I'm not against women in business at all . . . but if they want to compete, then they had best put on their big-girl panties and be ready to compete. A male friend of mine who runs an employment search firm loves to warmly welcome new female business competitors when they appear, and one of the first things he does is listen very carefully to what they say. If they ever bring up "fairness" or "what I deserve", he knows that they aren't going to be around for longer than 18 months. So he raids their best people, undercuts their rates with their best clients, and makes a special point of stirring up problems with them, because he knows that the first time they go to a client and talk about what is "fair", they will lose that client.

Business isn't about fair. It's not about equality. It's about competition and money. And if you aren't willing to get in there and fight, then all the feel-good workshops in the world aren't going to help. What these women are doing is handicapping themselves by focusing on other women instead of being focused on the ever-changing marketplace. You can look at it any other way you like, but you'll be rationalizing the experience.
41 weeks ago
41 weeks ago Link To Comment
When taking my MBA I specialized in Entrepreneurship.
An entrepreneur is a specific and well defined personality type. Not all business starters are entrepreneurs, but all have one somewhere nearby.

Most, even today, women started/ owned businesses have several built in advantages. These advantages begin with special treatment at banks needing to tick off their Minority Lending boxes to a husband, significant other, father etc. who provides some or all living expenses while Ms. Entrepreneur spends 100% of her time (A key trait of both male and female business starters) and 100% of her revenue, not encumbered by paying rent, feeding the family, car payments etc. toward the early days of struggle.

Men almost never get those advantages.

Especially WEMPs.
41 weeks ago
41 weeks ago Link To Comment
I think women are more herd oriented. Witness when at a restaurant with multiple women, one women has to go to the loo, so she takes 2 or 3 of her buddies. Men don't do this.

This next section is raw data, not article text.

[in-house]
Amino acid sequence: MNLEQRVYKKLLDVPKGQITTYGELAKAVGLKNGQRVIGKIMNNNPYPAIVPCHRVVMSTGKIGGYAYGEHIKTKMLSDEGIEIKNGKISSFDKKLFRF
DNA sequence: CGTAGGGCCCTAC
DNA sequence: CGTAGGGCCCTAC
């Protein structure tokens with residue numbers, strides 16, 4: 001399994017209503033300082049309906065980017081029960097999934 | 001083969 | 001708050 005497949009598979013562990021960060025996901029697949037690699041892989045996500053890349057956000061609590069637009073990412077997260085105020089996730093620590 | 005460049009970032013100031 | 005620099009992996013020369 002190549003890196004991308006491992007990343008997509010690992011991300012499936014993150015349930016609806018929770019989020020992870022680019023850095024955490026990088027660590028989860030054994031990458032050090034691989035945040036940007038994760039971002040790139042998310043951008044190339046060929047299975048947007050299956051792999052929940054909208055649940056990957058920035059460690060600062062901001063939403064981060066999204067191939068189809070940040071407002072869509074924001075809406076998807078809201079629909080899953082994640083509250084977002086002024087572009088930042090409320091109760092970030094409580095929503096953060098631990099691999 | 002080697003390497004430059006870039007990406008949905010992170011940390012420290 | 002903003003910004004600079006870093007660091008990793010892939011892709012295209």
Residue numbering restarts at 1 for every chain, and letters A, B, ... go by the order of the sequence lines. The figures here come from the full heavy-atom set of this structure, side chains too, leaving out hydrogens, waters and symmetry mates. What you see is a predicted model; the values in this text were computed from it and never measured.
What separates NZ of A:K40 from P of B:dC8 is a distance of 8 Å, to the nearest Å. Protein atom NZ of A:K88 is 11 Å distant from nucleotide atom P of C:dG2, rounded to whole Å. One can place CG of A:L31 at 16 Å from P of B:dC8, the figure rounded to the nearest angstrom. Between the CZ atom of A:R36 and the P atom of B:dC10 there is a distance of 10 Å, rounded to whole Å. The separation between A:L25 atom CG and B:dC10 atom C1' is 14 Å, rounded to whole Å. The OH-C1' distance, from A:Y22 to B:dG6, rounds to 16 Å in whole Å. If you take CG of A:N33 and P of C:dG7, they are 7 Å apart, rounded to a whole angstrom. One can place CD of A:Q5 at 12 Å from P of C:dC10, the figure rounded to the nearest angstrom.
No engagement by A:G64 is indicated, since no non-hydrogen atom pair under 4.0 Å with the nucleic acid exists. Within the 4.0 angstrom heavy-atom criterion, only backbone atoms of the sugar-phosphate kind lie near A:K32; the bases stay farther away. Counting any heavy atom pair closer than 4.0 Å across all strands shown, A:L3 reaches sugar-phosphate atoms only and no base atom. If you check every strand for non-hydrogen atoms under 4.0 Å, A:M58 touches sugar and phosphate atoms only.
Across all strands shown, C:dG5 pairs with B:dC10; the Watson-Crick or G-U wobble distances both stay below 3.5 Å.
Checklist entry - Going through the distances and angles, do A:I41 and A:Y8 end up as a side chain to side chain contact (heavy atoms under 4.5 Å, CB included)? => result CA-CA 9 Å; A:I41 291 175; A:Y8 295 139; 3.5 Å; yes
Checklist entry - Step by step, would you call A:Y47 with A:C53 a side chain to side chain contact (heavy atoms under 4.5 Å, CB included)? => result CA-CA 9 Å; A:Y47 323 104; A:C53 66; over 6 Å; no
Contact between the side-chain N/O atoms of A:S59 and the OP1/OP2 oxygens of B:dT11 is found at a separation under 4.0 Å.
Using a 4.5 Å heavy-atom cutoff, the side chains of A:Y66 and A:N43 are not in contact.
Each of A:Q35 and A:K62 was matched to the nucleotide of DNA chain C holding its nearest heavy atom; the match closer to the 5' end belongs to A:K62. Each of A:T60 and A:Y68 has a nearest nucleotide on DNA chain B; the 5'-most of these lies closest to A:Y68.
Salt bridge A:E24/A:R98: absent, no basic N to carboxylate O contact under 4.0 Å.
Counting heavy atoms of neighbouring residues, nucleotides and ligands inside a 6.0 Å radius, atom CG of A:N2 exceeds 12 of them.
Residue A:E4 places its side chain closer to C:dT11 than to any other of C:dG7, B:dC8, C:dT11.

41 weeks ago
41 weeks ago Link To Comment
HAH! If you want to see something awful, watch a table full of women split a check! Count how many definitions of "Fair" you see.
40 weeks ago
40 weeks ago Link To Comment
-- “I didn’t believe in myself.” Would a man say this? I don’t think so. --

Sure, lots of men would say that. Or more likely think it, because if a man says that, he's automatically beta-fodder with regard to women.

There's a whiff of hypergamy here in that you may only see rich, successful men as men, the others are just extras in the world. To make a comment like that, you likely don't even realize your view of the world and men.
41 weeks ago
41 weeks ago Link To Comment
I'd definitely give Helen the benefit of the doubt, not because she's a woman and not because I'm a White Knight, but because her overall attitude is mostly of having a better understanding of men than most women and many men. Everyone can phrase something in a way that can be critiqued at times.

I had to "fake it til I made it" and had lots of self-doubt. I'm now at least firmly entrenched in the middle class, LOL, as a patent attorney and small business owner. Now I get to watch most women's hypergamy and willingness to take a shortcut to money - I would now be a good landing place until they're ready to go for a really rich guy.
40 weeks ago
40 weeks ago Link To Comment
Palto,

I understand that many men think this to themselves but as you point out, they don't say it. I think men instinctively (or maybe because of societal pressure? ) understand that you "fake it til you make it" whereas women don't often understand that this is needed in a business setting to succeed.
41 weeks ago
41 weeks ago Link To Comment